(This is a dance.)
Frank: Paula… (Firm reprimand). Paula… (Soft coo).
(Paula sighs. Shrugs shoulders. Melts.)
Paula: Yes, I know I’m being foolish. (Dabs at tears in left eye with her handkerchief.)
Frank: Come here. (Takes handkerchief, wipes under her eye. Then wipes away tears under her right eye. Tenderly kisses her right temple.) Come on. Fix your face. We’ll go down to Eddie’s and have a drink.
Paula: All right. Why not.
(They kiss; cut to Eddies.)
The dancers with their eyes glued to the screen projected before them but behind the audience calls to mind our current (small device) screen fascination, but to me, the strongest link between the two forms, film and dance, is the Kafka-esque nihilistic shoulder-shrug message of, Nah, but what’s the point, it’s all going to end in nothingness, ain’t it? Frank, poisoned by a luminous toxic matter that attacks the vital organs**, is our Dead Man Walking. Quintessential existentialist brooding noir! There can be only one end. In the film and dance and the new work they make together with the audience, this is about watching his physical deterioration and the disintegration of his moral fibre.
This existential despair is mirrored by the role the audience is asked to play in “Motion Picture.” No matter how hard we might try, without film’s seductive prowess on our side, we cannot attract the dancers’ attention. Their eyes are glued to the screen, even when they are playing the part of Frank and Paula in the aforementioned tight embrace. They contort their lips to kiss, whilst keeping unbroken focus on their celluloid selves. We may be denied connection with the dancers through their direct line of vision, but we are still very much connected to them and we see and read in their movements what they are thinking.
As Macindoe assumes the role of a gumshoe attempting to solve his own murder and the poison takes hold, the relentless gunshot action of the film, it transpires, is perfectly suited to dance. Dimitri Tiomkin’s heavy-handed score, even for the genre, seems to work better now that it is part of Guerin’s world. Slowly, a delicious fragmentation is occurring on the stage as dancers leap in and out of frame. In the push-pull duet between Macindoe and the man who hopes to kill him, Chester, danced by Page (played to the shifty-eyed hilt in the film by Neville Brand), they take turns in testing each others’ weight. There is a sense of vulnerability and imminent danger in the choreography alone that is embellished by the menacing words we hear: “I’m going to enjoy this, Bigelow. I done jobs like this before. I knocked off guys I could like. But I don’t like you, Bigelow…. You’ll be scared, good and scared. Think I’ll give it to you in the belly. You don’t like it in the belly?”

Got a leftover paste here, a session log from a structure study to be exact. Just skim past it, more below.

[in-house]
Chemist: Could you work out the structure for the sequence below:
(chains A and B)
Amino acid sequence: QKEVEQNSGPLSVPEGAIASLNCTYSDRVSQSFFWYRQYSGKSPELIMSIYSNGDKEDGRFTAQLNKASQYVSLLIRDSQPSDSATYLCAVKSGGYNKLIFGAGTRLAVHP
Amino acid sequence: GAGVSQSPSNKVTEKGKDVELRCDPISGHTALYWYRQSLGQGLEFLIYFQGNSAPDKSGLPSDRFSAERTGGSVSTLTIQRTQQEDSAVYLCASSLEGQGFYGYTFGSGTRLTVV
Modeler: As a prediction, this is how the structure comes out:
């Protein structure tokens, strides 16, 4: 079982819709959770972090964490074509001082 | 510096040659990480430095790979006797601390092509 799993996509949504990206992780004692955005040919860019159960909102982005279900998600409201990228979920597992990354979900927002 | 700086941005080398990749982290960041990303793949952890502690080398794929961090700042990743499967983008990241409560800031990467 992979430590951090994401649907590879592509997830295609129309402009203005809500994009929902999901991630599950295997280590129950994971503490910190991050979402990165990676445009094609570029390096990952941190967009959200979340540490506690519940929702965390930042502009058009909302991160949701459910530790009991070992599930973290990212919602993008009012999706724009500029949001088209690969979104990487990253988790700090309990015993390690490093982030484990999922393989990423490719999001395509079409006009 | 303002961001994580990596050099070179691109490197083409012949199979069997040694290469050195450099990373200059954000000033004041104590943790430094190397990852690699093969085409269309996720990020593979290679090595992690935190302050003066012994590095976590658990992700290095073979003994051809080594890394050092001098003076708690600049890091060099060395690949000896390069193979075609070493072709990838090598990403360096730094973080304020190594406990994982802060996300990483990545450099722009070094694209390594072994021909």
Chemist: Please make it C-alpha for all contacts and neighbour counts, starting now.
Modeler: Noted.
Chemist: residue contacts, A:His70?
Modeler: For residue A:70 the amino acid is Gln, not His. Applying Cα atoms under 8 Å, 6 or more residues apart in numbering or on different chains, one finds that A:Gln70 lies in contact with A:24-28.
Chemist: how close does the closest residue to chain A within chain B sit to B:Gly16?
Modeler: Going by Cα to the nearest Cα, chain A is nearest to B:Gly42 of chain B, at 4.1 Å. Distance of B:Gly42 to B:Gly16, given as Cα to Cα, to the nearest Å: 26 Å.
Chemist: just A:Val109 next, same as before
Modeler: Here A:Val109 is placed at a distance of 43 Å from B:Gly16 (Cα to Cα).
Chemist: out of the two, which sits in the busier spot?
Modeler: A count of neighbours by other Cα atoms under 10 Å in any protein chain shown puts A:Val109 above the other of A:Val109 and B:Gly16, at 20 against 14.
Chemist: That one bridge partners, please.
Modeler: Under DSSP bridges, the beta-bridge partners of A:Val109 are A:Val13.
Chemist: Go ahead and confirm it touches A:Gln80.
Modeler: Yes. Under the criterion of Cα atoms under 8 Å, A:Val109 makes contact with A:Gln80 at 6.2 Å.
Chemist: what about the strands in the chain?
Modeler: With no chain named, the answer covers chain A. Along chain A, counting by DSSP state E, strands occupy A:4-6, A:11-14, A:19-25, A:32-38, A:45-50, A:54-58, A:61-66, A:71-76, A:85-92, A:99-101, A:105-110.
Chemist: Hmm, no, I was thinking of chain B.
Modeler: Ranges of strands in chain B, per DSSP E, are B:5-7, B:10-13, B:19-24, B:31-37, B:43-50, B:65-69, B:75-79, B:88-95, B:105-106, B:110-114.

As a budding cinephile and balletomane/dance fanatic, throughout the work, I cannot resist turning my head and looking over my shoulder at the screen before reverting back to the dancers. Sometimes this is out of a film buff’s curiosity seeking to assign a face to a voice, and sometimes to double-check the dancers are not lacing my drink. Sometimes this act feels disloyal to the dancers. But as the tie between film and dance continues to disintegrate, I steal a peep less. As all the dancers take turns in playing Frank and Paula, sometimes appearing as understudies and at other times as splintered versions that together make one, Guerin’s choice of a film, which follows a familiar narrative arc (think: Alfred Hitchcock’s The Man Who Knew Too Much (1934 and ’56) et. al.), ensures that there is never any real confusion in the plot.
Though it occurs early in piece, a favourite scene in the film, but tonight in the dance, occurs at the Fisherman Club. Cries one dancer: “Blow up a storm, Fisherman” in the fast-cut jive euphoria of saxophone, trumpet, piano, and double-bass. In the frenzy, the dancers embody the refrain: “She’s jive crazy” as they go “outta their minds.” They convulse with such abandon as to make me envious. “That’s really silk, isn’t it?” Yes.
For 83-minutes of black and white abstracted image transfer, I have been fully enclosed in Guerin’s razor sharp sensorial space, so all encompassing and affective. As Bigelow threatens Marla Rakubian at the 50-minute mark, “You’re in this right up to your pretty little neck,” wrapped in celluloid. (Bliss!)
*All dialogue quoted throughout personally transcribed from the film D.O.A. (1950).
**Closing credits of the film: “The medical facts in this motion picture are authentic. Luminous toxin is a descriptive term for an actual poison.” —Technical Adviser, Edward F. Dunne, M.D.